A UN-backed war-crimes tribunal in Cambodia today began historic proceedings in its second case against three surviving leaders of the Khmer Rouge accused of orchestrating Cambodia’s killing fields in the late 1970s.
Hundreds of students, regime survivors, and saffron-robed monks packed a courtroom in the capital to hear prosecutors outline a litany of accusations against the elderly defendants, who face charges including war crimes, genocide, and crimes against humanity.
But more than 30 years after the brutal communist movement was ousted from power, the trial – once seen as a key step on the road to justice and reconciliation – threatens to be overshadowed by claims of political interference and judicial misconduct.
On trial are Nuon Chea, the regime’s chief ideologue, former foreign minister Ieng Sary, and head of state Khieu Samphan, all octogenarians. Beginning with the forcible evacuation of Phnom Penh on April 17, 1975, the trio are accused of presiding over an agrarian revolution that turned Cambodia into an open air prison from 1975-79 and led to the death of an estimated 1.7 million Cambodians from execution, starvation, and overwork.
“These crimes, ordered and orchestrated by the accused, are among the worst horrors inflicted upon any nation in modern history,” co-prosecutor Chea Leang told the court.
A fourth defendant, however, was notably absent from today’s hearing. Judges ruled last week that Ieng Thirith, the former Khmer Rouge minister of social affairs, was unfit to stand trial, recommending that she be released. Court-appointed medical experts testified last month that the sister-in-law of the regime’s supreme leader, Pol Pot, and the most powerful woman in the Khmer Rouge government would be unable to follow the trial proceedings.
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Prosecutors have appealed the ruling, and Youk Chhang, director of the Documentation Center of Cambodia, which researches Khmer Rouge crimes, said it would be “difficult medicine to swallow” for many Cambodians if Ieng Thirith is released. Yoy Chieng, a regime survivor who attended today’s hearing, believes it was a ploy to evade justice. “If the court releases Ieng Thirith, the other three might pretend they have some mental problems as well,” she says.
Race against the clock ...
The ruling only underscores the urgency of trying the remaining defendants, who many fear may not live to see the end of the complex trial. Pol Pot, the Khmer Rouge’s supreme leader, died in 1998 at a jungle camp along the Thai border, and the tribunal has managed just one conviction since 2006: that of former schoolteacher Kaing Guek Eav – better known as Comrade Duch – who was sentenced to 30 years jail last year for heading the grisly S-21 prison and torture center in Phnom Penh.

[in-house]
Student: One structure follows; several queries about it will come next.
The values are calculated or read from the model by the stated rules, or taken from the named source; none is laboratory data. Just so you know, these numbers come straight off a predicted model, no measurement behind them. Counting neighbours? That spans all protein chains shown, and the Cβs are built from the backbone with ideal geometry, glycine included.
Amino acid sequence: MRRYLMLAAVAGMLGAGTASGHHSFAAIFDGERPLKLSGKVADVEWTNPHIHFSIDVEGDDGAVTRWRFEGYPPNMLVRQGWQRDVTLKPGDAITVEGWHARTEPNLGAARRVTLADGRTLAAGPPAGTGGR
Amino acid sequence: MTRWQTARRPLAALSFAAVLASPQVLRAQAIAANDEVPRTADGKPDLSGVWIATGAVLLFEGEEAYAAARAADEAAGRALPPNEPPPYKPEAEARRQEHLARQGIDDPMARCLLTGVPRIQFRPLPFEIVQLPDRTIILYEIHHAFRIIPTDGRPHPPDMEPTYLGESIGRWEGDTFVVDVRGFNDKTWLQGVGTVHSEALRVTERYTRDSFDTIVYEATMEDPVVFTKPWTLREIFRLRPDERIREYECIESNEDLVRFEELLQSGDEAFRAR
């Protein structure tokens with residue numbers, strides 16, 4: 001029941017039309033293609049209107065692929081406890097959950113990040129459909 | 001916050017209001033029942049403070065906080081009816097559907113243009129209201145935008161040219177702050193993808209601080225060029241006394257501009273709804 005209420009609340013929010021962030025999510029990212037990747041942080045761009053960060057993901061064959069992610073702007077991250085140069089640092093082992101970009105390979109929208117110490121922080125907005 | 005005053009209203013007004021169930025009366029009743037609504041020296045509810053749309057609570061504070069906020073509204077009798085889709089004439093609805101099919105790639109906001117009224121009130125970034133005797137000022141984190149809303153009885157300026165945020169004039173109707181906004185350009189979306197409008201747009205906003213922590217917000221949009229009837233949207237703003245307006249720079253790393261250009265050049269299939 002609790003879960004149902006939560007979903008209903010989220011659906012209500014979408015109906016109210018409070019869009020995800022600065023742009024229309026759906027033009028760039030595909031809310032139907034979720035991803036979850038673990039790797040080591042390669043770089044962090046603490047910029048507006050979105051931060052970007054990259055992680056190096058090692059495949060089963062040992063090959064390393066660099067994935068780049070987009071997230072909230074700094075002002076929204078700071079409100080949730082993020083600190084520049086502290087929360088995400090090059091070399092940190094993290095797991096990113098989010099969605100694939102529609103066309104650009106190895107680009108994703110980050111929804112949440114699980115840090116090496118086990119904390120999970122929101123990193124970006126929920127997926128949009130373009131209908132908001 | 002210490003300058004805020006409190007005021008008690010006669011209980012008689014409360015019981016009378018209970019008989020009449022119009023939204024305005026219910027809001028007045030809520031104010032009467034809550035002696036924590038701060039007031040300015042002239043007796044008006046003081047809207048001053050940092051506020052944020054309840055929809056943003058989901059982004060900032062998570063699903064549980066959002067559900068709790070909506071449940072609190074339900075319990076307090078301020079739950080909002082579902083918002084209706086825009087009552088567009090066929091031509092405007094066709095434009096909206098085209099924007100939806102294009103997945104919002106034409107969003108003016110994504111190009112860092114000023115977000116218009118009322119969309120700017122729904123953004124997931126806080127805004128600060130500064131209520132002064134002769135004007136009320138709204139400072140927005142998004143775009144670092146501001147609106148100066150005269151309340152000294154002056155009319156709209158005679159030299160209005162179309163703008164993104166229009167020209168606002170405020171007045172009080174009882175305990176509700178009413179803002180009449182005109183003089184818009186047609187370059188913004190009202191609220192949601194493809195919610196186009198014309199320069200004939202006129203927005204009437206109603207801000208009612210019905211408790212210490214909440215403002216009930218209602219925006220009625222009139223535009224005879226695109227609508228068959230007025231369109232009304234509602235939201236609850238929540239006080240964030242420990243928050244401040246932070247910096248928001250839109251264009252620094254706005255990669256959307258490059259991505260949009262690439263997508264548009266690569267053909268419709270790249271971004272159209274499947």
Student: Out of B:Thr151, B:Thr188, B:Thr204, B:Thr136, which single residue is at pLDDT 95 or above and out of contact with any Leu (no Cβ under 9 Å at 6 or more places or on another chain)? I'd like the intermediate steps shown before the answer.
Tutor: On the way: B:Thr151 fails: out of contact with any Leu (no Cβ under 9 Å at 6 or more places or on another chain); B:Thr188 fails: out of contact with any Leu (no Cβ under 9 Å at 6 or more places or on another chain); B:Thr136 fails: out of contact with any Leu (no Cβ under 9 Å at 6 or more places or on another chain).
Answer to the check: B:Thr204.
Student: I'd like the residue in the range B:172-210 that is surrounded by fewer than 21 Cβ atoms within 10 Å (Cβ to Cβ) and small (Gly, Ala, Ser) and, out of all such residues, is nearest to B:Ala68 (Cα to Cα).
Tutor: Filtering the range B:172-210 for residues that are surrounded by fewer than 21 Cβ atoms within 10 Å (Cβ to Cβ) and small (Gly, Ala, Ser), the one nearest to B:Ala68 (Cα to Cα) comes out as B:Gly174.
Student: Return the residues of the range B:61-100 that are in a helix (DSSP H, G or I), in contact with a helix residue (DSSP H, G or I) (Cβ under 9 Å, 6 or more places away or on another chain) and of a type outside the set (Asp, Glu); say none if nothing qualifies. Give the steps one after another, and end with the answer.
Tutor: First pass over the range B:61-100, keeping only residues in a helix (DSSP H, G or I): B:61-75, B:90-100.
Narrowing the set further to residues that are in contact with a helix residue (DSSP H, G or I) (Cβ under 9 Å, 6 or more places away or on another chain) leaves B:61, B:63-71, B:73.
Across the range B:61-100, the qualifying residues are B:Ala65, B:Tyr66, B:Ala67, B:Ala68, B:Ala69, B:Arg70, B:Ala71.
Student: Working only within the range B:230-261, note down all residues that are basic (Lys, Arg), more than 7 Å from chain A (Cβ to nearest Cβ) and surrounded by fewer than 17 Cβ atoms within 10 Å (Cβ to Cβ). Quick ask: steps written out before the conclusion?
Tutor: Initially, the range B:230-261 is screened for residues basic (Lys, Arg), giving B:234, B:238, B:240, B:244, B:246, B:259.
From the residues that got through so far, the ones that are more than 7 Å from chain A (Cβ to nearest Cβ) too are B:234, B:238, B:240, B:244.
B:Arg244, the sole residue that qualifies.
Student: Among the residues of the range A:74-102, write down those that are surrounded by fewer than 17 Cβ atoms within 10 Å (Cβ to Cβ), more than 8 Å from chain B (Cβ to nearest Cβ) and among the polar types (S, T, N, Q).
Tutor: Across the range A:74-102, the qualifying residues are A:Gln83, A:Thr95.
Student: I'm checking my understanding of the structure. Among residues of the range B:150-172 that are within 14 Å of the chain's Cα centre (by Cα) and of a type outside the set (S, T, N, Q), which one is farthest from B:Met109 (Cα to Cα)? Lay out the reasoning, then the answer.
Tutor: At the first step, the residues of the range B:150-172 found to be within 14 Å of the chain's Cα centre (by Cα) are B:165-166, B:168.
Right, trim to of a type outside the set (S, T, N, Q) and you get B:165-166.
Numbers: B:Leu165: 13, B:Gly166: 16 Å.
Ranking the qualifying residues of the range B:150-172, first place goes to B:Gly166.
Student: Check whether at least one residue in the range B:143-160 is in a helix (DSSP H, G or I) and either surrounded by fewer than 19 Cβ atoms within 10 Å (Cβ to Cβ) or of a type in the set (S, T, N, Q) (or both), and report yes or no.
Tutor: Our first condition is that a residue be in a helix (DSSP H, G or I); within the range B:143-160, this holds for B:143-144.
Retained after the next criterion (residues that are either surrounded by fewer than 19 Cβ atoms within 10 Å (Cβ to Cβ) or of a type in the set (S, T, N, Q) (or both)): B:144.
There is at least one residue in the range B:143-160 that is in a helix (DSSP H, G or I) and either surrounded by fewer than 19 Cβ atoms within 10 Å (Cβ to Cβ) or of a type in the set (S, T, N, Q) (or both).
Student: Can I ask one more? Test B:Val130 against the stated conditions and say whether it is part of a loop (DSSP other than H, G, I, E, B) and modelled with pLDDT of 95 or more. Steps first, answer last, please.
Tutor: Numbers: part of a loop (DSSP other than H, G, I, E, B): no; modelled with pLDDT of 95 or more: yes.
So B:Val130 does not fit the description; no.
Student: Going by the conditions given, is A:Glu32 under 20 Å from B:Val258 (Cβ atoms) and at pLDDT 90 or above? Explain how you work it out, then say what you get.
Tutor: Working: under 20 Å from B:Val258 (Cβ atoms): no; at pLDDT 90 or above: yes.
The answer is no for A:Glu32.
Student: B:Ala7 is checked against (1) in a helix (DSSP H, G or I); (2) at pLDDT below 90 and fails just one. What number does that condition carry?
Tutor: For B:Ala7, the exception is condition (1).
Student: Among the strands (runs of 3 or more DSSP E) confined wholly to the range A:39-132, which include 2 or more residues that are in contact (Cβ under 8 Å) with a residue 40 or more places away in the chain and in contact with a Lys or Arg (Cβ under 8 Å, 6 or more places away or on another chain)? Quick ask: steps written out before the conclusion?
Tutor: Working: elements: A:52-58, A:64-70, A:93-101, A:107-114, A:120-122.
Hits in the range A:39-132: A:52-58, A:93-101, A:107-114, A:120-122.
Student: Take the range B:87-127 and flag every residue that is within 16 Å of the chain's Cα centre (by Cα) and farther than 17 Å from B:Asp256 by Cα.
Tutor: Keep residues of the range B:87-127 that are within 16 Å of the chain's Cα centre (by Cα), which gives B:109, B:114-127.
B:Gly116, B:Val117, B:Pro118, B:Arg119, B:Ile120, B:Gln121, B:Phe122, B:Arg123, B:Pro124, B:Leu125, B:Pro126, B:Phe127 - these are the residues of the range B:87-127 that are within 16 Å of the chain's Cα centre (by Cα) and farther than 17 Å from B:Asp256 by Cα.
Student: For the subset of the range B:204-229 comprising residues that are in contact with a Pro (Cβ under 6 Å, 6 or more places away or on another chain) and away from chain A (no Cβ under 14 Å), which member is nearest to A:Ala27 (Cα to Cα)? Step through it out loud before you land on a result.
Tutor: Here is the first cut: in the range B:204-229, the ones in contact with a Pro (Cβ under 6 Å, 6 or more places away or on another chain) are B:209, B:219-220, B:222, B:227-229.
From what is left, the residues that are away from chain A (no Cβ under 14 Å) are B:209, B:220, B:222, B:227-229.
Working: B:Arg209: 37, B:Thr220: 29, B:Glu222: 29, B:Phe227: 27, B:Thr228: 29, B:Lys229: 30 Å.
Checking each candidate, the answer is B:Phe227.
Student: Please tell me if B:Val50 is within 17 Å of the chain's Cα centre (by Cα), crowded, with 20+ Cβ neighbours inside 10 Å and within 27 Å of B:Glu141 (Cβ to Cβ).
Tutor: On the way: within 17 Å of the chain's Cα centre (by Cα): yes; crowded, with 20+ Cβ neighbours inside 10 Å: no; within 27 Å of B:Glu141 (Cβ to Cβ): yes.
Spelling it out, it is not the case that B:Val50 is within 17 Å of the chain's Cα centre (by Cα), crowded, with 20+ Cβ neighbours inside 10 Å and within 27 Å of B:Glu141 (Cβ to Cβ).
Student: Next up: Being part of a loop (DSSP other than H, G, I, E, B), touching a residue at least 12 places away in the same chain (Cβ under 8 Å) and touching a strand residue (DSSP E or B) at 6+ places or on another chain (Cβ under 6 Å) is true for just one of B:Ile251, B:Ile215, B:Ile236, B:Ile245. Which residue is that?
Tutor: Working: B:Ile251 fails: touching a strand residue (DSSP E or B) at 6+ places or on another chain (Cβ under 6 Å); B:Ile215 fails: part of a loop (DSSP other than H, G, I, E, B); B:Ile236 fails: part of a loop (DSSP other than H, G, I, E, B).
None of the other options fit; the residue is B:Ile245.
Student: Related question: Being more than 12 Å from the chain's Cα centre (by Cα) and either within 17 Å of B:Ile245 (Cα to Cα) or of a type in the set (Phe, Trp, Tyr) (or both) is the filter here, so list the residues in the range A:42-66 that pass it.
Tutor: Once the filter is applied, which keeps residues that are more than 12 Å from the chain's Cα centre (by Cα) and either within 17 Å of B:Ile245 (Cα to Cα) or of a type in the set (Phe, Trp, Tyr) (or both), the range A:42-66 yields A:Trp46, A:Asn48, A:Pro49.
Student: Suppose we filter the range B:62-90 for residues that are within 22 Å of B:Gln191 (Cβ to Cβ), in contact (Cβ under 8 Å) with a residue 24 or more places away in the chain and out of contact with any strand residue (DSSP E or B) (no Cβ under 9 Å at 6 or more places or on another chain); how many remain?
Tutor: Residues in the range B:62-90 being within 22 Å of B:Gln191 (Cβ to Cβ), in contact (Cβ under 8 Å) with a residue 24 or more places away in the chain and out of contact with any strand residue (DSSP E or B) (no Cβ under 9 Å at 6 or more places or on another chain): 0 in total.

As well as racing against the clock, the court is battling mounting claims of political interference, judicial misconduct, and violations of victims’ rights by some court staff. Critics say judges deliberately botched an investigation into a potential third case under political pressure from the Cambodian government, which publicly opposes additional prosecutions.
In October, German co-investigating judge Siegfried Blunk resigned, claiming that public government opposition to future prosecutions had undermined the tribunal’s perceived independence, prompting calls for the UN to take a stronger stand.
“We would like to see the UN trying to put an end to this now,” says Clair Duffy, a court monitor with the Open Society Justice Initiative, which has called for a panel of independent experts to probe the allegations. Inaction risked tainting the court’s past and future achievements. “There’s too much history to this for them to just push ahead,” Ms. Duffy says.
How Cambodians see it
Theary Seng, a prominent regime survivor and victims advocate, last week withdrew her status as a civil party to the trial, saying it had become a “farce” and that it was time for the UN to pull the plug. “The magnitude of it is no longer acceptable,” she said.
But for some Khmer Rouge survivors, seeing their former tormentors in the dock after three decades has been worth the wait. Khem Vuthy lost seven members of her immediate family during the regime, and recalled being forced to eat cockroaches and lizards in order to survive at a rural labor camp. “I’ve heard a lot of the problems at the court, but I believe the court will bring justice,” she says. “I’ve been waiting a long time.”